The next one that comes to mind again occurred at a prior job and strikes me as kind of funny, in a way. Probably because it blew my mind a bit, and I never in my wildest dreams thought I’d be asked to do something like this. I don’t know where it fits in this discussion except for under the umbrella of “hush and blush”. Meaning, it’s another don’t tell anyone about this and if you’re not comfortable with it, it’s not a problem and we’ll ask someone else to do it. Oh and it involves morally objectionable content; hence, the “blush” part. I know you’re just dying to know what I’m talking about.

One day management approached me with a task to search a database for a given set of words written on a piece of paper. These words could not be spoken out loud and, to be quite honest, some made me blush. Yeah. I think you’ve got the idea. Apparently, some people had files of an extremely questionable nature on their work computers. This database contained a list of computers with file names on them that needed to be searched. After thinking about it for a minute or so, I agreed to do the search. Someone had to do it and they trusted me enough to keep it quiet. I’m glad they also asked me if I were comfortable with doing it in the first place. It was an interesting experience, to say the least. I may have even learned a new word or two that day. In the end, it was just another part of the job. I was just surprised some people apparently didn’t know better than to keep that kind of stuff on their work computers.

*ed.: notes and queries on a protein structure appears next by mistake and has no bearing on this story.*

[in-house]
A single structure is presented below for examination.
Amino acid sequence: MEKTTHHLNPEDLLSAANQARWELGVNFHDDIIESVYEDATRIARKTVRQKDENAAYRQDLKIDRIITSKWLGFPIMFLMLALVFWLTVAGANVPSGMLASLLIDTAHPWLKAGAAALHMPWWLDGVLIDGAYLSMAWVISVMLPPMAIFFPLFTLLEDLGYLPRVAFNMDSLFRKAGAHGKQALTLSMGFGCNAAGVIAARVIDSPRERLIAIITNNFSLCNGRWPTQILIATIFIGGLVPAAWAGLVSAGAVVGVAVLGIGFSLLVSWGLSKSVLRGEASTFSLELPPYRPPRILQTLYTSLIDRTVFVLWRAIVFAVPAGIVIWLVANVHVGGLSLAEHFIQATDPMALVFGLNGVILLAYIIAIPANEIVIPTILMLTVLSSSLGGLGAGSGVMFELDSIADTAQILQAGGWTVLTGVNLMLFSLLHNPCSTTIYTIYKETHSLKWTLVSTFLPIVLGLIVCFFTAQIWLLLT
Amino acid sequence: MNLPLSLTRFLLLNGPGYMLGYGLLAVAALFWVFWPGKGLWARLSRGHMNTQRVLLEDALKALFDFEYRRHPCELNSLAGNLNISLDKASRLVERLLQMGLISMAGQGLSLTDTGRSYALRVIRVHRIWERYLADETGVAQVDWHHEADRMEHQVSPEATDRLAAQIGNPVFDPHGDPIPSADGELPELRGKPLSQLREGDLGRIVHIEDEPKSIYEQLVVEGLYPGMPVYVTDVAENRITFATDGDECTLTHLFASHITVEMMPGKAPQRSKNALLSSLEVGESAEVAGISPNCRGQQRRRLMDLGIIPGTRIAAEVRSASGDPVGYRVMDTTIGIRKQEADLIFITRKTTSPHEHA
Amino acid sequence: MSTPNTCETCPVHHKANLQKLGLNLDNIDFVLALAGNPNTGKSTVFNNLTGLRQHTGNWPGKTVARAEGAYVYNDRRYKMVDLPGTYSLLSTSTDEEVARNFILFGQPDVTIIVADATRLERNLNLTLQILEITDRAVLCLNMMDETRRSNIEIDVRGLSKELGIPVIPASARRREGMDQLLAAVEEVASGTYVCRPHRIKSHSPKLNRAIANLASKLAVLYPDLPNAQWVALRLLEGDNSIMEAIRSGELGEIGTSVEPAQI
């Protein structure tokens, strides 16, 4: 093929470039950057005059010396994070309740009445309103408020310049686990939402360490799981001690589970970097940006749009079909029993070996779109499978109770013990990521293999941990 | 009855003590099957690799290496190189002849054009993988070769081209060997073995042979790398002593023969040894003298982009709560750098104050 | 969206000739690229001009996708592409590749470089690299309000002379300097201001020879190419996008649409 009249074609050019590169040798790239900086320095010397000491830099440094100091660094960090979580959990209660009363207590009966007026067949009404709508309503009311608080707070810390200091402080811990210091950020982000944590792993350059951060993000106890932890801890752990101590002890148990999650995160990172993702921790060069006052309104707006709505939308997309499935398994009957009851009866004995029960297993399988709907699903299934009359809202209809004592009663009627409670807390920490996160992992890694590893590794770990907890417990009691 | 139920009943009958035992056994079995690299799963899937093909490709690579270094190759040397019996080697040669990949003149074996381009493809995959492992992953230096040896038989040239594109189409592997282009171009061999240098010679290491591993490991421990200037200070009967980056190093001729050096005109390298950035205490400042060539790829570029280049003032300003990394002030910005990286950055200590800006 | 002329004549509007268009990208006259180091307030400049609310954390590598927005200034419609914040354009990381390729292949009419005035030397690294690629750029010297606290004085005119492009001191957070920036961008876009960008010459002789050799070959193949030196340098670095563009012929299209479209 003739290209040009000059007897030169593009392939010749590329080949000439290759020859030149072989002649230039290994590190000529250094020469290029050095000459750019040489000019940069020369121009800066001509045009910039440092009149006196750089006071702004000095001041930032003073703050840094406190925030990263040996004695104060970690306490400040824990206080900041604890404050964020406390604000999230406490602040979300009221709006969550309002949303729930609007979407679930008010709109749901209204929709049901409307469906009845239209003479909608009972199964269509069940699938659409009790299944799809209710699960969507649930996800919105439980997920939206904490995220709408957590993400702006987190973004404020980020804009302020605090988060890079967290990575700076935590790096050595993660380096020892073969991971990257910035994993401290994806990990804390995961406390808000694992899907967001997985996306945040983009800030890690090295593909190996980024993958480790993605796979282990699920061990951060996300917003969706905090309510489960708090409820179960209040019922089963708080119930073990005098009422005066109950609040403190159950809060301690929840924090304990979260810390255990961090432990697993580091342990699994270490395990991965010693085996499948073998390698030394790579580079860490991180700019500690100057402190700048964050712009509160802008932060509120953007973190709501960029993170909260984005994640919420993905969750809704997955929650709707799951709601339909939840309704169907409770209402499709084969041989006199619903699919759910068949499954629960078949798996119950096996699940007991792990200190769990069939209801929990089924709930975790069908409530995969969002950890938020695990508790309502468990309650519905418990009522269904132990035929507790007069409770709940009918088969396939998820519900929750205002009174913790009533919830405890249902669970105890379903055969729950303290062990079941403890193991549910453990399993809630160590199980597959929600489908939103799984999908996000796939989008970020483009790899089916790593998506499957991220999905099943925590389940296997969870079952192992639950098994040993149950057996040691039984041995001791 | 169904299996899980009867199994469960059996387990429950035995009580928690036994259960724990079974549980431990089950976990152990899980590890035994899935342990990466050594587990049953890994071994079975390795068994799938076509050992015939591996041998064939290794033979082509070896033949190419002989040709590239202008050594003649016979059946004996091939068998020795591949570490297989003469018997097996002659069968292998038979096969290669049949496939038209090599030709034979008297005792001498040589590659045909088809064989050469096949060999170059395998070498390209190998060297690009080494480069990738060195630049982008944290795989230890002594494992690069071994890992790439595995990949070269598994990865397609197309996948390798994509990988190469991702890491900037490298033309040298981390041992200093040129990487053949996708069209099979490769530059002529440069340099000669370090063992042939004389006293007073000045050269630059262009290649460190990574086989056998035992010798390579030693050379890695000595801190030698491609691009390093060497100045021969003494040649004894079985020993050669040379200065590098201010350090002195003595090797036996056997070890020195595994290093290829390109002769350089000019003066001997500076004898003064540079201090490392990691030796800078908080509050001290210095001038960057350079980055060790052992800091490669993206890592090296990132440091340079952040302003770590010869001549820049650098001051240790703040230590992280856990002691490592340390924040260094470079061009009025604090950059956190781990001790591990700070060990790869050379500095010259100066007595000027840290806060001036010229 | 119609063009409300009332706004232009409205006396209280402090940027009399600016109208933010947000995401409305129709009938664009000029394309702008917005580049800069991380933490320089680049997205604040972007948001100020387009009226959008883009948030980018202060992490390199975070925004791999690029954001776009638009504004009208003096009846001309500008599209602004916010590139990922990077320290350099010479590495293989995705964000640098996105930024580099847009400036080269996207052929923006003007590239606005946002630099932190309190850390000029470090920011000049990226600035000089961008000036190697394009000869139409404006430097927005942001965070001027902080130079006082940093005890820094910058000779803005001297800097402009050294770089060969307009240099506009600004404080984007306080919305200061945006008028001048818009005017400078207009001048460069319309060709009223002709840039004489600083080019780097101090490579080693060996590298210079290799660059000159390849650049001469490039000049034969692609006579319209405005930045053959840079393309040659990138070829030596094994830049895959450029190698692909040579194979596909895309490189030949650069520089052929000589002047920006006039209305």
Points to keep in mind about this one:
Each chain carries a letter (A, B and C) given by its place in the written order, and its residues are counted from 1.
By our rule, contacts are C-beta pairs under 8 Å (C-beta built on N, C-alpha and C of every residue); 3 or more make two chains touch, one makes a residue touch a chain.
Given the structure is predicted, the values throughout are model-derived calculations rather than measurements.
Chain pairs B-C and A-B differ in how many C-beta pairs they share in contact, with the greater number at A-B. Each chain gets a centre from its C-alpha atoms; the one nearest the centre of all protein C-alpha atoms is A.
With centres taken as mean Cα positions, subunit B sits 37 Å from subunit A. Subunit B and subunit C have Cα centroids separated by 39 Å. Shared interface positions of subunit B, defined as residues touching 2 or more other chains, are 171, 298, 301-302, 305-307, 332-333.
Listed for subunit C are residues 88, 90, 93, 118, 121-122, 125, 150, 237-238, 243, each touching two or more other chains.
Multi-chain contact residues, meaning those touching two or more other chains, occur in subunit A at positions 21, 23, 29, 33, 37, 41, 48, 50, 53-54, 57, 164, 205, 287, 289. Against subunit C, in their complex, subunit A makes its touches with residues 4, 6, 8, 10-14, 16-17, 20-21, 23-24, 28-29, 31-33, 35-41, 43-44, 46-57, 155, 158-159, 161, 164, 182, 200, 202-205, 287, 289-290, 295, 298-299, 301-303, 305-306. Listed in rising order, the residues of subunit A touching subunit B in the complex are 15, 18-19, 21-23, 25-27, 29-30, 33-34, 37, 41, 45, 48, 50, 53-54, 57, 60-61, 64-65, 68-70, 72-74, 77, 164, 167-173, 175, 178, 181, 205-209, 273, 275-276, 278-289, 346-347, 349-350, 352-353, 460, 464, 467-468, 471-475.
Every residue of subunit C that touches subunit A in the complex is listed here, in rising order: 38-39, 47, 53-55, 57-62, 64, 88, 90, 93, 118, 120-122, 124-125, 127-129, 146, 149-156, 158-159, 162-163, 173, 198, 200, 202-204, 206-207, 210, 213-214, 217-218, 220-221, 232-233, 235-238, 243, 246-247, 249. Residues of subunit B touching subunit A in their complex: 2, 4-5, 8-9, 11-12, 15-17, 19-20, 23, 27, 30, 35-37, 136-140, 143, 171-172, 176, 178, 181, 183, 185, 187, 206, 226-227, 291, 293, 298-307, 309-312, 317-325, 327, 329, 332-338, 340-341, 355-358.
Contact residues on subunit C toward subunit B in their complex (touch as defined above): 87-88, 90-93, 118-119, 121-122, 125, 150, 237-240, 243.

Your Mission…

Here’s a fun one. Well, not really. Have you ever been volunteered to participate in a super secret task with a group of co-workers in which you, once again, were sworn to secrecy for good reason? Yeah. That was me at a prior job. Anyway, our mission was to confiscate computers from people in a specific department for a very good reason that I probably shouldn’t really go into detail on.  Let’s just say it involved potential improper use of money.

Have you ever had to go up to some stranger and tell them “Hi there. I’m from IT and I’m here to take your computer. Sorry. I can’t really say why. I’ve just been told to take your computer with me.”  Granted, we said something much nicer than that but you get the idea. Surprisingly, most people I talked to that day were really nice and actually took it in stride. I’m not sure what happened afterwards but it was still uncomfortable and a bit awkward for me considering what I knew. If it were my computer being taken, I sure would like to know why. So it was difficult to not say something. However, I didn’t want to get myself in trouble since I wasn’t sure what the ramifications would be, and I didn’t really want to find out the hard way.

The Moral of the Story is…

There you have it. Some of my most memorable experiences involving ethics and possibly even morality. To me, both can have some gray areas. In general, I believe most (apparently not all) people know what is right from wrong. However, it may not hurt for companies to have an explicitly definition of what is considered acceptable and unacceptable for their employees. I don’t recall if I’ve ever had to sign an ethics agreement except in regards to HIPAA (Health Insurance Portability and Accountability Act). Still, it’s probably a good idea. What do you think?